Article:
Equity markets retraced slightly during the week, with the Dow Jones Industrial Average losing 0.9% and the S&P 500 dropping 1.1%.
A modest number of economic indicators were released last week, with the majority suggesting that the domestic economy remains on solid footing. Consumer sentiment and retail sales were the bright spots, after concerns about what impact the weak labor report would have on the consumer.
Retail sales for August increased 0.6%, following a 0.3% bounce in July. July was revised up from 0.0%, which initially caused consternation among economists. Excluding auto sales, the gain was 0.3% in August. Auto sales were very strong in the month, along with areas such as furniture, electronics, clothing, and food & beverage.
Sentiment also saw an increase despite sluggishness in the labor market. Initial readings on consumer sentiment for September rose to 84.6 from 82.5 in August. Gains were largely concentrated on consumers becoming more optimistic about the economic outlook, while registering no change in their opinion on the current economic state.
An area that is beginning to pick up traction is consumers’ use of credit. In July, consumer credit outstanding grew by $26 billion, after increases of $18.8 billion in June and $19.3 billion in May. A vast majority of the gains occurred in nonrevolving credit (such as student loans), but there is evidence that consumers are more willing to use credit cards once again. It is uncertain as to whether consumers feel more economically sound and that is the reason behind the increase, or whether they are struggling with finances and using credit as a safety net. This trend bears close watching in the coming quarters.
Source: Haver Analytics
At the same time, the Job Openings and Labor Turnover Survey (JOLTS) confirmed that labor markets were stuck in a modest summer rut. The number of job openings was basically flat from June to July at 4.67 million openings. From a broader trend perspective, a growing number of individuals continue to feel confident enough to quit their jobs. In July there were 2.5 million quits, below the peak reading in December 2007, but well elevated from the post-recession lows.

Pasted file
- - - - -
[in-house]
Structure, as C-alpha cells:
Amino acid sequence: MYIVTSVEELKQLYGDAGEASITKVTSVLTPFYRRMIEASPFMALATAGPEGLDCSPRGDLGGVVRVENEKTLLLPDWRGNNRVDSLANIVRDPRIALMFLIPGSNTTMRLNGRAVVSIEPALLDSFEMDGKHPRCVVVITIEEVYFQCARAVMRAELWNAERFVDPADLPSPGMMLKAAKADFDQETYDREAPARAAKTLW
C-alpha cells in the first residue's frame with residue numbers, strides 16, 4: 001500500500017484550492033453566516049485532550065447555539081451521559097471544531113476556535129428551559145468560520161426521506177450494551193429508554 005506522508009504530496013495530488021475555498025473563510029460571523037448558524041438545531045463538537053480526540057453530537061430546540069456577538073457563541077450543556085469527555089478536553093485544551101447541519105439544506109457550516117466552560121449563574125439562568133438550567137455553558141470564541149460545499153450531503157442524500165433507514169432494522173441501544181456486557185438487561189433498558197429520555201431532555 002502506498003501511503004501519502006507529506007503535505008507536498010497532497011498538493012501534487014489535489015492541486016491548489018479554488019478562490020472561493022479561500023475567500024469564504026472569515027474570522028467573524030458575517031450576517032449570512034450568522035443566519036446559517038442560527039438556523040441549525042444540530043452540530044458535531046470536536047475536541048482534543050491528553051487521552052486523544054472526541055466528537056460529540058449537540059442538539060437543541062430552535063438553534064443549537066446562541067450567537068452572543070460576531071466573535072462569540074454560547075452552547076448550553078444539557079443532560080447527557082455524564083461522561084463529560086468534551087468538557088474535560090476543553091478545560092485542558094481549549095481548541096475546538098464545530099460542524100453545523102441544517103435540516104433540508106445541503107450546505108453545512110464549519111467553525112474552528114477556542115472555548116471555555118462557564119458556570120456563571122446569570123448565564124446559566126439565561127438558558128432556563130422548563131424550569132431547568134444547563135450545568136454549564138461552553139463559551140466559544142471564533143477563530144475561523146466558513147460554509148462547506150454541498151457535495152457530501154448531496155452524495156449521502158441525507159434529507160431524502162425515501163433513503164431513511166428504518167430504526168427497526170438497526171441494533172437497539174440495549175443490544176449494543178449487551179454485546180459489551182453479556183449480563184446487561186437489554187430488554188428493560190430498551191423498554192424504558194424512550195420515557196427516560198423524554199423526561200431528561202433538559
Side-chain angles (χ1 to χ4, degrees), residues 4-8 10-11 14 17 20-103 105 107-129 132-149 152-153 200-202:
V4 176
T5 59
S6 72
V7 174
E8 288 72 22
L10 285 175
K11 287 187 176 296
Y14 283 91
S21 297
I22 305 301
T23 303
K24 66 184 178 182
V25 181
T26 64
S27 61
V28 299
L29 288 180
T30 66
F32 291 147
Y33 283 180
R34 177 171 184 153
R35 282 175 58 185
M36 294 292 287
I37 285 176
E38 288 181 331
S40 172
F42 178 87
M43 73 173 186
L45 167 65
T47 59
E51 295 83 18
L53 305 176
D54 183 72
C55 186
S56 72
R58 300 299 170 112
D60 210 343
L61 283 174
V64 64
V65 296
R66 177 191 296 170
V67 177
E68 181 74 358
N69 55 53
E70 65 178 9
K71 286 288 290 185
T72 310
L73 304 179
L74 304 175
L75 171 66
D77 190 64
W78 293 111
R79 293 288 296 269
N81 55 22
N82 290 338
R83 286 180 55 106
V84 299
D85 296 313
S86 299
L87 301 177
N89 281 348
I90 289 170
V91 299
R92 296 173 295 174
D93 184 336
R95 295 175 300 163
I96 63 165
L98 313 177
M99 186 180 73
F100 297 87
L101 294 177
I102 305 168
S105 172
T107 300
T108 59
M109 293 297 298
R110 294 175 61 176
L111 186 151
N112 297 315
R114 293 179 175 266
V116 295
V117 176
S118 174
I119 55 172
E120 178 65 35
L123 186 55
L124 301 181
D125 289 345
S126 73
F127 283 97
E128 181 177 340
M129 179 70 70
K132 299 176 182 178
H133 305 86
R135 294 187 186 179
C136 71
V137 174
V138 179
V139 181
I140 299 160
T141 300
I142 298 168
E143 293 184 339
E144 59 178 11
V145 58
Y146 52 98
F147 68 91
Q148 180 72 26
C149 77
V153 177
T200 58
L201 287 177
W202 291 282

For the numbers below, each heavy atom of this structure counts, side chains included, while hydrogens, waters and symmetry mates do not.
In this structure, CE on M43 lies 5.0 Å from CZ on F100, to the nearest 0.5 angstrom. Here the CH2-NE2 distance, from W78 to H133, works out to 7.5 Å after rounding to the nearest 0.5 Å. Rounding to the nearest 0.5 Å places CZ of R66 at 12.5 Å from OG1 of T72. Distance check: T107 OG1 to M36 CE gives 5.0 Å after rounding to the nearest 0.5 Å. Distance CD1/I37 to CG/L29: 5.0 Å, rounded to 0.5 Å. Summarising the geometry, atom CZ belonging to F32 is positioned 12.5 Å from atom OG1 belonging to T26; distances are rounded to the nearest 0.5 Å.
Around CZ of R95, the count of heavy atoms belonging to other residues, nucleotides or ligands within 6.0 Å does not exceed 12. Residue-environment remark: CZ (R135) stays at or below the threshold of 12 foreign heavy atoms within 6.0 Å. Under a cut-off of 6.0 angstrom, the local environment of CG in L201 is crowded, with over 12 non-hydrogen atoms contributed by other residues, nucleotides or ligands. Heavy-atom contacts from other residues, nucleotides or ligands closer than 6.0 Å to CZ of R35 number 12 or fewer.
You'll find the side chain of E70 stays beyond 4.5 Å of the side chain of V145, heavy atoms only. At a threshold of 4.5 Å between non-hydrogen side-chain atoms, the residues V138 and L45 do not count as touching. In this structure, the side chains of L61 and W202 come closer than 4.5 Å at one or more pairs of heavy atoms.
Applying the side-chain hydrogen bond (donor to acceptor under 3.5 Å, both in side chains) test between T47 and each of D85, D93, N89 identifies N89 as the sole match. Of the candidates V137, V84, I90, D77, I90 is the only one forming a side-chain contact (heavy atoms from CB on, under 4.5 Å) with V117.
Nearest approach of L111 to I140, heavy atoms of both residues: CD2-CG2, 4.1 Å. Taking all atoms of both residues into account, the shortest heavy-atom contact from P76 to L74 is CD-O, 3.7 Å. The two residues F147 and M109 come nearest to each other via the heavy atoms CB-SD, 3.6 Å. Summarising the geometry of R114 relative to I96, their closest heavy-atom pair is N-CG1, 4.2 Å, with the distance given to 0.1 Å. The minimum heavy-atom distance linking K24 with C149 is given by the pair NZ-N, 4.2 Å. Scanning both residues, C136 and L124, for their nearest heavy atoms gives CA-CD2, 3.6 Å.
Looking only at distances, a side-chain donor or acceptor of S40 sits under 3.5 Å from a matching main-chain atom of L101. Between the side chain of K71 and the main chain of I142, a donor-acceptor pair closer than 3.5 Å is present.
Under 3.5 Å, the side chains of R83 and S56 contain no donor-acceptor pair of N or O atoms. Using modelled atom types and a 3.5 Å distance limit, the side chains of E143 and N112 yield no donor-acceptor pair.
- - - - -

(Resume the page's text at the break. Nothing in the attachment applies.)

Source: Bureau of Labor Statistics
The Week Ahead
The economic calendar will be full this week, with a focus on manufacturing data Monday, inflation trends at the producer and consumer level Tuesday/Wednesday, housing starts on Thursday and leading indicators on Friday.
Additionally, the FOMC holds its regular meeting on the 16th and 17th, with policy announcements at 2pm on Wednesday. Economists do not foresee a major change to policy guidance during this meeting, but there will be special attention paid to any comments on future interest rate increases.
Markets will be keenly following developments surrounding the Scottish independence referendum, which goes to vote on the 18th. Uncertainty about the outcome could trigger volatility in international markets.
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